by Luke Wayne
Buddhism and Christianity are starkly different religions that offer almost wholly opposite views of the world. They differ on pretty much every essential doctrine. Some will argue, however, that behind all of this, both religions hold to very similar ethics. They are very close, we are told, in their ideas of what is right and wrong, and this is common ground on which to build a dialogue and perhaps even work toward a shared goal of human goodness. Not only is this flawed because neither Buddhism nor Christianity hold mere "human goodness" as their ultimate goal, but the problem in this reasoning actually goes much deeper. The truth is that, behind any superficial appearance of similarity, the Buddhist and the Christian have radically opposed ideas about morality.
On a shallow, surface level examination, it is certainly true that Buddha prohibited certain behaviors during his life in India that Moses and the prophets had prohibited long before him during their lives in Israel. The Buddhist, along with the Jew and the Christian, will say words like "do not murder," "do not steal," "do not commit adultery," and "do not be disobedient to your parents." Selfishness, pride, and covetous desires are spoken against in both traditions. There is, in certain areas, a common ethical vocabulary between the Buddhist and the Christian. Behind the mere words, however, are two wildly different sets of ideas.
The Nature of Morality
Buddhism teaches that there is no morality and that good and evil are a false duality that one must transcend. Thus, in Buddhism, theft and adultery are merely unwise and inadvisable, whereas in Christianity they are objectively evil. Such a difference is highly significant and should not be overlooked. Buddhist scholar Walpola Rahula, in rejecting the idea of objective right and wrong as a dangerous notion, explains:
"The idea of moral justice arises out of the conception of a supreme being, a God, who sits in judgment, who is law-giver and who decides what is right and wrong."1
The Japanese Buddhist Masao Abe likewise stated:
"There is no Buddhist equivalent to the Christian notion of justice,"2
Thus, the Christian and Buddhist mean fundamentally different things when they make ethical statements.
The Nature of the Moral Act
The essence of a moral action is also markedly different in Buddhism than it is in Christianity, so much so that a moral action in a Christian sense is considered a foolish perpetuation of suffering in Buddhism, even if the acts outwardly appear similar. For example, Buddhism teaches that there is no such thing as a personal self and no real distinction between one object and another. The illusion of personal existence and individual identity is, in fact, the source of all suffering. This teaching is at the very core of all Buddhism. So, when a Christian refuses to commit violence against his neighbor because he considers his neighbor to be an individual person made in the image of God to whom a special dignity is afforded over other created things, Buddhism would say that the Christian is not actually acting wisely. When the Christian seeks to love his neighbor as himself, he must of necessity recognize that he is one person and his neighbor is another. You cannot love your neighbor as yourself if there is no neighbor and there is no self. To consciously make someone else a priority above yourself requires you to cultivate personal humility while cultivating love, honor, and devotion to other persons. All of this, in Buddhism, is the foolish perpetuation of suffering. If Buddhism were true, the Christian would not actually be doing good. He would be doing great harm. The Christian would be multiplying suffering in the world that would extend on into future lifetimes. Christian restraint and charity are harmful on the Buddhist scheme because they are necessarily built on the idea of personal selves, which is the single greatest problem in the Buddhist conception of the world. The corollary, then, must also be true. The Buddhist cannot obey the moral obligations of the Christian. He cannot love his neighbor as himself, at least not as the Christian means those words. The Buddhist cannot love the LORD his God. He is not even permitted to believe in the LORD his God. God is an eternal, unchanging personal being. The very existence of God is a refutation of Buddhism. Nothing can be personal, and nothing can be unchanging. Thus, all Christian moral action is wholly un-Buddhist.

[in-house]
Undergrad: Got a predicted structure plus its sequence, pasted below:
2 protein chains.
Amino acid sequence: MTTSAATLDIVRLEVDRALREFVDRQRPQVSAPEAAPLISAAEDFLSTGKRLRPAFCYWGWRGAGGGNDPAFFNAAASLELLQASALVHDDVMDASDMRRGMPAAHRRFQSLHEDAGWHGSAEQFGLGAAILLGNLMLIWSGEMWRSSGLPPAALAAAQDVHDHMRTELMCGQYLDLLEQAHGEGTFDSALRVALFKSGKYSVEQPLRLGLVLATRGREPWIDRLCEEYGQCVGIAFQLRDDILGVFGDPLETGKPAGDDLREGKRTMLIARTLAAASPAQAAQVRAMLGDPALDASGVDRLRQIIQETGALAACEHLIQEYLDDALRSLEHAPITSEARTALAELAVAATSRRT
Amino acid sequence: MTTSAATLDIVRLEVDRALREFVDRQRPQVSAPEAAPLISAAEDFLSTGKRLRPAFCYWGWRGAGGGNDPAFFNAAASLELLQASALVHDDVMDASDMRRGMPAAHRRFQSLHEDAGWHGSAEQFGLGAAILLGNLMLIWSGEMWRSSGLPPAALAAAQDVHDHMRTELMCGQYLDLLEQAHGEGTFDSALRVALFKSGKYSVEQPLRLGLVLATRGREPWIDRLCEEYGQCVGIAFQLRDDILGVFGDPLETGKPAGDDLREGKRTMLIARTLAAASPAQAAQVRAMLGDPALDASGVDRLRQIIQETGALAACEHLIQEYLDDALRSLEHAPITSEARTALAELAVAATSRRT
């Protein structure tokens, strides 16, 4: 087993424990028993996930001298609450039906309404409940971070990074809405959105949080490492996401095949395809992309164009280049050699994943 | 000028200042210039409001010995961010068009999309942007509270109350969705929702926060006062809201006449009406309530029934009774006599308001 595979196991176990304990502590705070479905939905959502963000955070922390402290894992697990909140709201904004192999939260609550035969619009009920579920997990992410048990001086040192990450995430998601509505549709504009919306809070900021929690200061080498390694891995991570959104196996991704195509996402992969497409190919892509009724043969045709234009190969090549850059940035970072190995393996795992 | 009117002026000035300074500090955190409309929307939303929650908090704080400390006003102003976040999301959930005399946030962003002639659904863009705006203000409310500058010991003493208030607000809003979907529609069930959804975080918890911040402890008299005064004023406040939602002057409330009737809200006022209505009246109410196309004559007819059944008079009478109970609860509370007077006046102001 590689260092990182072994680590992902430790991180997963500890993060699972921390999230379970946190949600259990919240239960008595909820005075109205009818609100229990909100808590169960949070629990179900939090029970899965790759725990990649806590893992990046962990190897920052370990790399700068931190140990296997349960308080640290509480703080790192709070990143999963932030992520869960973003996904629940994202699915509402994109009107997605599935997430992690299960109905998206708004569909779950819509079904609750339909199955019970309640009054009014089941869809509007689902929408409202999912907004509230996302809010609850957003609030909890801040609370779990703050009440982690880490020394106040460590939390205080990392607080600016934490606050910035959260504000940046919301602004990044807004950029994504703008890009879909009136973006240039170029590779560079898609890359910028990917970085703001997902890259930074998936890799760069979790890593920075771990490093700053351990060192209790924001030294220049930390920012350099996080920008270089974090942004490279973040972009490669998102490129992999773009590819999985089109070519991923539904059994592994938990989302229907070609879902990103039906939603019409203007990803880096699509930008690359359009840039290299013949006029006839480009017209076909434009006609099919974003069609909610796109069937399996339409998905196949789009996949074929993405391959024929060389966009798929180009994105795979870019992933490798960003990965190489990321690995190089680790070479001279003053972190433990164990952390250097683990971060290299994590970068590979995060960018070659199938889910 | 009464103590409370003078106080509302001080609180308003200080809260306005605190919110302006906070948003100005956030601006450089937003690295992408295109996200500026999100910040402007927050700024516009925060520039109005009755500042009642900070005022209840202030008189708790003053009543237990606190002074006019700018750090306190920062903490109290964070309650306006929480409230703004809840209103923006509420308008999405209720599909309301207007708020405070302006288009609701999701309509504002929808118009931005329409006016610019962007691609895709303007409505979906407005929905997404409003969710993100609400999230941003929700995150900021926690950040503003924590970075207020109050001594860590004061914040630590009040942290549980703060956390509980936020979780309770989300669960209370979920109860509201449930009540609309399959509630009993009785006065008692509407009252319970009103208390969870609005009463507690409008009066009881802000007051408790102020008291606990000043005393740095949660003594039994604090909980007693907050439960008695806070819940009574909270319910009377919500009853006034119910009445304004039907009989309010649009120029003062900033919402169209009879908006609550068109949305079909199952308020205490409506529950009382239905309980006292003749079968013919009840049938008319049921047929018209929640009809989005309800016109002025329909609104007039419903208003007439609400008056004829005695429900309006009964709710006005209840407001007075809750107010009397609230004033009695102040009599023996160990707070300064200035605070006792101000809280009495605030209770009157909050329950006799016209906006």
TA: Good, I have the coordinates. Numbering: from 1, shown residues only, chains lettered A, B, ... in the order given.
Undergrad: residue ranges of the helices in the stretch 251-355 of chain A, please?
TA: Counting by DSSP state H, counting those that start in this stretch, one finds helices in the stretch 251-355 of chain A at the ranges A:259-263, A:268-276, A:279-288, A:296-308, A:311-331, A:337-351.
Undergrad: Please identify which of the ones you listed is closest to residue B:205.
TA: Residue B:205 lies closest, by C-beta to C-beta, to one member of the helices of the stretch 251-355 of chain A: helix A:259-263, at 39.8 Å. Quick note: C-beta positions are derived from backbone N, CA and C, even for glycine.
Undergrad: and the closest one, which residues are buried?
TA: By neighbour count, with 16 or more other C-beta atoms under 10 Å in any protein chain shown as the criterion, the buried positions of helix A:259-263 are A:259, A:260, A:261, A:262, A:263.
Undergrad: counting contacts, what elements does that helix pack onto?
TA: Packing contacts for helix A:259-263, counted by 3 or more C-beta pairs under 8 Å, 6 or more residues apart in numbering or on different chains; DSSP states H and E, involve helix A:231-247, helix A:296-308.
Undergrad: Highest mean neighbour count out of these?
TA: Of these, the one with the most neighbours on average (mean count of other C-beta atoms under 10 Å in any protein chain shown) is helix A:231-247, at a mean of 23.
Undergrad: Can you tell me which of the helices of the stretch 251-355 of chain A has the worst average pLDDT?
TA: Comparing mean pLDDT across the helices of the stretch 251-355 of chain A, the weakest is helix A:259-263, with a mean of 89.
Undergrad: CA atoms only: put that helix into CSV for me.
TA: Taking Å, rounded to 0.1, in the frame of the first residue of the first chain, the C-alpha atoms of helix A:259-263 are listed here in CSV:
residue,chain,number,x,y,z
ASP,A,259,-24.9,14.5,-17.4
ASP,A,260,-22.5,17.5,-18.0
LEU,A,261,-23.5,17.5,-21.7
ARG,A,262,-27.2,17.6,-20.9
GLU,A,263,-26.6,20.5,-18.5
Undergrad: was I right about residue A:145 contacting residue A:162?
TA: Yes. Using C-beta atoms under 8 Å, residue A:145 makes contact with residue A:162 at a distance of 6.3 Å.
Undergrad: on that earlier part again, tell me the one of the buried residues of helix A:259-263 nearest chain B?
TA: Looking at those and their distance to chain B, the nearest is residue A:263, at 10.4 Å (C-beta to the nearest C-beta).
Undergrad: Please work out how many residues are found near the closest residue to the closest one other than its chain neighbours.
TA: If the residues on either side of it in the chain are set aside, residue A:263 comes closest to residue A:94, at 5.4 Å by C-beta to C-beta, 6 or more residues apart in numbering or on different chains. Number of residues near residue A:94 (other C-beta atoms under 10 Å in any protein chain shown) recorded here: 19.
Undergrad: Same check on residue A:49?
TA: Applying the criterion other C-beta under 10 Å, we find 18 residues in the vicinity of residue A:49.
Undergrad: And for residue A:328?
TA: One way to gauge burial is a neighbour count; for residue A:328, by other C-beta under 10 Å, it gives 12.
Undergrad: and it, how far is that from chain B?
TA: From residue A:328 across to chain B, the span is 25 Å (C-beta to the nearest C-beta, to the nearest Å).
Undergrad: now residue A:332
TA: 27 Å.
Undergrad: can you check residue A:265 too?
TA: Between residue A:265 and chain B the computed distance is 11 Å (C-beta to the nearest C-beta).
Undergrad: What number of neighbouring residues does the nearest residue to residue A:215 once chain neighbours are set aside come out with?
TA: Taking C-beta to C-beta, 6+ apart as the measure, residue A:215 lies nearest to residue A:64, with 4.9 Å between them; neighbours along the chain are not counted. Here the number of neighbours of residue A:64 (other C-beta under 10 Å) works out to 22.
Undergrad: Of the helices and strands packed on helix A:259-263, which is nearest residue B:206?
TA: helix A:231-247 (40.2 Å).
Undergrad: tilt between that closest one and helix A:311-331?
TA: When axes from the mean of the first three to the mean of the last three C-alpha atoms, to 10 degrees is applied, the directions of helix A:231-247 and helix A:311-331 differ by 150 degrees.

In spite of any appearance of similarity, there is a vast chasm between Buddhist and Christian ethics. The subject of ethics is, indeed, an important ground for Buddhists and Christians to meet on in dialogue, but it is because of the wide contrast between the two rather than any kinship. The consistent Buddhist cannot truly affirm that any Christian moral act is good, and indeed must see it as harmful. The consistent Christian must affirm that any Buddhist moral action is tainted by sin, devoid of faith, and ultimately unpleasing to God. Without faith in the death and resurrection of Jesus Christ, the Buddhist is, at best, offering up filthy rags. This is, indeed, an important reason for Christians and Buddhists to engage with one another, not because of similarities, but rather because of irreconcilable differences. And it is exactly here that the gospel can be explained and clarified.